TOM FOREMAN, CNN CORRESPONDENT: You know, the best way to know who this guy is to talk who he's not.

Everybody knows that all these political debates are all so coached and prepared. And the big candidates are all set on exactly what they are going to say. Last night, three syllables changed all of that; Mike Gravel.


GRAVEL: I'm the senior statesman on here, and I was beginning to feel like a potted plant standing over here.

FOREMAN (voice-over): He was the life of the party. And that's because, when you're low in the polls, with not much to lose, you can speak your mind.

GRAVEL: And I got to tell you, after standing up with them, some of these people frighten me. They frighten me.

FOREMAN: But does former Senator Mike Gravel frighten the other Democratic candidates?

KATE MICHELMAN, EDWARDS CAMPAIGN SENIOR ADVISER: You never know what to expect from him. And so he gave it a little life, you know, a little unpredictable.


FOREMAN: Maybe that's because he's had quite the life. Gravel served in the Army during the Korean war, moved to Alaska, and became a leading state lawmaker there, before representing Alaska for two terms in the U.S. Senate.

He's also had such diverse jobs as being a New York City cab driver, a brakeman on the Alaska railroad, and a clerk on Wall Street. Gravel isn't the first long shot to add some entertainment to debates.





FOREMAN: That was Ross Perot's running mate, Admiral James Stockdale, during the 1992 vice presidential debate.


AL SHARPTON (D), PRESIDENTIAL CANDIDATE: Probably the best person I have met to campaign and party with, Mrs. Kerry. I'm sorry.




FOREMAN: And Democratic presidential hopeful Al Sharpton kept things loose during the last campaign.

But do these kinds of candidates belong on the campaign trail?

KAREN TUMULTY, NATIONAL POLITICAL CORRESPONDENT, "TIME": I think that candidates like that do not really help debates. And I think that that becomes a real problem, because they become sort of the entertainment value.

FOREMAN: Maybe, but don't tell Mike Gravel he's a joke.

GRAVEL: Who the hell are we going to nuke?


GRAVEL: Tell me, Barak. Barak, who do you want to nuke?

OBAMA: I'm not planning to nuke anybody right now, Mike. I promise.




FOREMAN: And he was throwing his bombs all over the stage. We have seen this act before. If you have been to the theaters, you have seen it. Take a look -- or don't.


ROBIN WILLIAMS, ACTOR: Politicians are a lot like diapers. They should be changed frequently, and for the same reason.


NARRATOR: Tom Dobbs was the biggest name in fake news.

CHRISTOPHER WALKEN, ACTOR: More and more people are watching your show, Jon Stewart, Bill Maher, for news. How crazy is that?

NARRATOR: Until the day he decided to stop going for laughs...

UNIDENTIFIED ACTRESS: Maybe you should run for president.

NARRATOR: ... and go for votes instead.


FOREMAN: Yes, see there? There it is, Robin Williams, "Man of the Year." He's doing the same thing. I love this kind of thing in a political campaign, because it knocks the other off that pre-canned game, and you have a chance to hear a lot of what they really think.

BLITZER: So, you and Karen Tumulty obviously disagree.

FOREMAN: Oh, you know, we are going to have a debate of our own in our private time.


BLITZER: We will organize that.

Tom Foreman, thanks very much.

Tom is going to be hosting "THIS WEEK AT WAR" this weekend. You're going to want to see that, Saturday night, 7:00 p.m. Eastern, re-airs Sunday at 1:00 p.m. Eastern, right after "LATE EDITION" -- "THIS WEEK AT WAR, Tom Foreman. Stay with us for that.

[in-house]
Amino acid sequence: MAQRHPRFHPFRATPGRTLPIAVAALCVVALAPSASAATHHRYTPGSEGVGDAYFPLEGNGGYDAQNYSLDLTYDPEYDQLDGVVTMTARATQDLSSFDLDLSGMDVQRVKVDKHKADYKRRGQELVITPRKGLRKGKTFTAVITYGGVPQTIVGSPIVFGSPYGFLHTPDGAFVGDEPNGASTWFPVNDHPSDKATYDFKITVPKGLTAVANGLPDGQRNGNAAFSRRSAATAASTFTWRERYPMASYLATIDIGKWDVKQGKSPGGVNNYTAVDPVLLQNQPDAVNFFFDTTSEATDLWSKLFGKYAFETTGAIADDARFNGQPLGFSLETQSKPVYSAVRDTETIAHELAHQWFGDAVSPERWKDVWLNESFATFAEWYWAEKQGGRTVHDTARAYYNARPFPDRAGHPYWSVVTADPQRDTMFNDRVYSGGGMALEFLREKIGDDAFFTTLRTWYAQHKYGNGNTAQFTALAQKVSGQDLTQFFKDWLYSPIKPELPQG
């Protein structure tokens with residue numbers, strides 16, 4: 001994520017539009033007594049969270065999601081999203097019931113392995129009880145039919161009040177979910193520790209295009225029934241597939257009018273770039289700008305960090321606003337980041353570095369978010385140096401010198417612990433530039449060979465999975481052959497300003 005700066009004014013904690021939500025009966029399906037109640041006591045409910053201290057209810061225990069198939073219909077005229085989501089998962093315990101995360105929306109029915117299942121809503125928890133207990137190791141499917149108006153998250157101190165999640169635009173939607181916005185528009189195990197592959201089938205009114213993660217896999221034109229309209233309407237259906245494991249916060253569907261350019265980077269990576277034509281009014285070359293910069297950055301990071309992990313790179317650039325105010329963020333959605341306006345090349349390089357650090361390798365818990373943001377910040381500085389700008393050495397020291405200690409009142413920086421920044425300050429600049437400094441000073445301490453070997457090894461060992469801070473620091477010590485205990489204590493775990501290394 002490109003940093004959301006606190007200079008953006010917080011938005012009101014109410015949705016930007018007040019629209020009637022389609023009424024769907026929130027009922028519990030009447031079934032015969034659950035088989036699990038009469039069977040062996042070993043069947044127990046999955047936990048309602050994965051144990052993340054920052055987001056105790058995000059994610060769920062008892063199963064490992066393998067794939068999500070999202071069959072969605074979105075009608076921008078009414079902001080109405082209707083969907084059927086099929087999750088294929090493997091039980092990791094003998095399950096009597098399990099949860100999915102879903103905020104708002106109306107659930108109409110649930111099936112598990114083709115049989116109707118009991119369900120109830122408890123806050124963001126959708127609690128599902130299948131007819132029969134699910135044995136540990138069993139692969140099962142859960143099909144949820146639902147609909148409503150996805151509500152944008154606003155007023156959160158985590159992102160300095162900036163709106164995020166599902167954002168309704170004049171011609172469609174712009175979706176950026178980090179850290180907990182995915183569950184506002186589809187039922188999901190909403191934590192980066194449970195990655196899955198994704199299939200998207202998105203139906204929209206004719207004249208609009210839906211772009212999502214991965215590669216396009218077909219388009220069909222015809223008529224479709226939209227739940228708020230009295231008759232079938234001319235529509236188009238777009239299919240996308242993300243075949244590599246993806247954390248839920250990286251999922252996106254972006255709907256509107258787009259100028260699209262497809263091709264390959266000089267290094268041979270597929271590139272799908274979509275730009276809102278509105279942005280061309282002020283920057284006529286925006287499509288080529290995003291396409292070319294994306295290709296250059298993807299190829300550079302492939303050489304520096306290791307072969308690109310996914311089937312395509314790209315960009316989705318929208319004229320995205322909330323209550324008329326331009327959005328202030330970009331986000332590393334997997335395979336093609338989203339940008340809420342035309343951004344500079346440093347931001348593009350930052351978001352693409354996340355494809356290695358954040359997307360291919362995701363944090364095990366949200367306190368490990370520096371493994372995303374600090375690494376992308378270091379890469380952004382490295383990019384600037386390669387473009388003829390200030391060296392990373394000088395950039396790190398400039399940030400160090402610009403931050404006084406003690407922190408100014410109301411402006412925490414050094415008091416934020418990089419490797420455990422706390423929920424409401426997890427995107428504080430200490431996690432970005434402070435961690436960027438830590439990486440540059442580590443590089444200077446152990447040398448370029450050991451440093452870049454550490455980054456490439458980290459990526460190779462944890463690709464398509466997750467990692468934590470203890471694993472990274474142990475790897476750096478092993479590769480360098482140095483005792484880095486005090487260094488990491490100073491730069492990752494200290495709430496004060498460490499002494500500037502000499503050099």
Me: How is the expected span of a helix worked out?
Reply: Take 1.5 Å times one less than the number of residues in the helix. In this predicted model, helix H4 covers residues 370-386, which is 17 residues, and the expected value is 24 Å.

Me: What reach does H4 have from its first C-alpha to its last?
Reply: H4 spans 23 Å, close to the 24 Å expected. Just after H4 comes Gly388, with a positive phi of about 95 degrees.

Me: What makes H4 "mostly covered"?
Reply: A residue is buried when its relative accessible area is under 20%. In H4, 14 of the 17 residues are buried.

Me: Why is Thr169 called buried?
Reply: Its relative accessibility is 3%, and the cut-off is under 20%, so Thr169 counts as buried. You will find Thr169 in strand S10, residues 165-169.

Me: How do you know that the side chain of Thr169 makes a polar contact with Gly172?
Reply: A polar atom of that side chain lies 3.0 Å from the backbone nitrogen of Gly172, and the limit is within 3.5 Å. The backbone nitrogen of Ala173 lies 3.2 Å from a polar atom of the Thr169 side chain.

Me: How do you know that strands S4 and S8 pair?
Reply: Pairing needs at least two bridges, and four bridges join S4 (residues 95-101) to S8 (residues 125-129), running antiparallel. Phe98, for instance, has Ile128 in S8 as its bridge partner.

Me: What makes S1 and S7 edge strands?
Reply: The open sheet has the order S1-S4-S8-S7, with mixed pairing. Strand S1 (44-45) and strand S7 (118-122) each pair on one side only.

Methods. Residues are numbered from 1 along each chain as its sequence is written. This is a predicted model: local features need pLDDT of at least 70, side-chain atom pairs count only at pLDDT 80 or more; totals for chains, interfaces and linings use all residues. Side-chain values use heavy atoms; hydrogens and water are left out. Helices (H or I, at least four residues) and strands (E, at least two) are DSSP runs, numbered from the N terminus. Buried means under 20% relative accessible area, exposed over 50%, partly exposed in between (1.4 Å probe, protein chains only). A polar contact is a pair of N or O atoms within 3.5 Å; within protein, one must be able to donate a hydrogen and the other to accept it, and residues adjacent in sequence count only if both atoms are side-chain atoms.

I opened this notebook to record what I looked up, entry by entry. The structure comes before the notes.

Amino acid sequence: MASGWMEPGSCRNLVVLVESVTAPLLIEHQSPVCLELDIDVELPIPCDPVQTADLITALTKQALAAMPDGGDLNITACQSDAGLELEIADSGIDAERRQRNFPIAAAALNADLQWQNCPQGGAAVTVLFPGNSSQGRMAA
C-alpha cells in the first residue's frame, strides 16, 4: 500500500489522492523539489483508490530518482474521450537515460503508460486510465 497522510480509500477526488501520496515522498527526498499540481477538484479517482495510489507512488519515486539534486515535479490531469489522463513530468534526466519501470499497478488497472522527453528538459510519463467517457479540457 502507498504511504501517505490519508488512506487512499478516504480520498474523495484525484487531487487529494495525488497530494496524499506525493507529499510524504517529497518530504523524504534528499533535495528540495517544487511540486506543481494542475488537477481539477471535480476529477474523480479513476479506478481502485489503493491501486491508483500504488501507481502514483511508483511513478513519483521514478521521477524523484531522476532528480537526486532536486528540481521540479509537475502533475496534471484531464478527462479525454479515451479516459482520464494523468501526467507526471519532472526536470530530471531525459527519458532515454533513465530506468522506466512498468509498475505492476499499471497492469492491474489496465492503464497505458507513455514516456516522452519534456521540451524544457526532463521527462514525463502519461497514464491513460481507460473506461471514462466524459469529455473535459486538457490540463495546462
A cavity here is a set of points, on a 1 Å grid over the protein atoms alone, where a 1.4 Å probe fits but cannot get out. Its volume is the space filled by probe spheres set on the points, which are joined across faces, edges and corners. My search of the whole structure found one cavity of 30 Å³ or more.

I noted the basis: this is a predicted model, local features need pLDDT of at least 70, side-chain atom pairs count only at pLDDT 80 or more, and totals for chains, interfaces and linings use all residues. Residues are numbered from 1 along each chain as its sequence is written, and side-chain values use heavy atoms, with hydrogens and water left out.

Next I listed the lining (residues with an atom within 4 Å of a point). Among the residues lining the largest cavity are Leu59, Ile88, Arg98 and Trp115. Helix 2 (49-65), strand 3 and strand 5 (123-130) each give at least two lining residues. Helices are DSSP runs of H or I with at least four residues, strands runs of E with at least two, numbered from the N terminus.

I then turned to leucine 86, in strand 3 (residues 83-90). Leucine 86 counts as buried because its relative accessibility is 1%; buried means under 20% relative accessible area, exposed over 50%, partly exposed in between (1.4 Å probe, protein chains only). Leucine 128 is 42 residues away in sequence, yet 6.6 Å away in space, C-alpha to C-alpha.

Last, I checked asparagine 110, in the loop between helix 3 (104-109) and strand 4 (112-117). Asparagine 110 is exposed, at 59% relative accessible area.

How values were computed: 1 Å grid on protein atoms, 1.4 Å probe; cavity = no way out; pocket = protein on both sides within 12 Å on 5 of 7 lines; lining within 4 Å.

Up next here in THE SITUATION ROOM: our "Strategy Session." Have Democrats been handed a new way to highlight an old issue?


SEN. CHARLES SCHUMER (D), NEW YORK: I think the George Tenet book showed what went wrong. There was no debate. And the George Tenet book is a great lesson for all of us. There should be a debate. The president doesn't want a debate.


BLITZER: Will the former CIA's director's new book revive the debate over pre-war intelligence?

And, while Washington debates the war in Iraq, how is all the back-and-forth impacting our troops on the ground? I will explore that with former U.S. Senator, Vietnam War veteran Max Cleland -- all that coming up right here in THE SITUATION ROOM.


BLITZER: Let's go to today's "Strategy Session," including some fallout from the new George Tenet book.

Joining us, our Democratic strategist Donna Brazile, former Republican Congressman J.C. Watts.

Guys, thanks very much for coming in.

The former CIA director mincing no words at all, very angry at the administration, especially the vice president, Dick Cheney, he writes this in his new book, "At the Center of the Storm," at least as quoted by "The New York Times," which has a copy of the book.

"I told the president that strengthening the public presentation was a slam-dunk, a phrase that was later taken completely out of context. If I had simply said, I'm sure we can do better, I wouldn't be writing this chapter or maybe even this book."

Was he mistreated by this administration, Donna?

DONNA BRAZILE, CNN POLITICAL ANALYST: Well, he claims in the excerpt that "60 Minutes" will show this weekend that he was a scapegoat.

And, apparently, he said that he called Andy Card and he said, all you have is your honor and your trust. And, somehow or another, they basically rolled over him and allowed him to hang out there. I don't know if this is going to get George Tenet off the hook. He got a $4 million advance to write this book. He had every obligation to speak out during the time he was in office and tell the truth and confront the president.

BLITZER: What do you think, J.C.?

J.C. WATTS, CNN POLITICAL ANALYST: Well, unfortunately, Wolf, when -- when people leave an administration, Republican or Democrat, under the circumstances that Mr. Tenet did, bad people in administrations, they try to wreck people, and they -- they walk on people.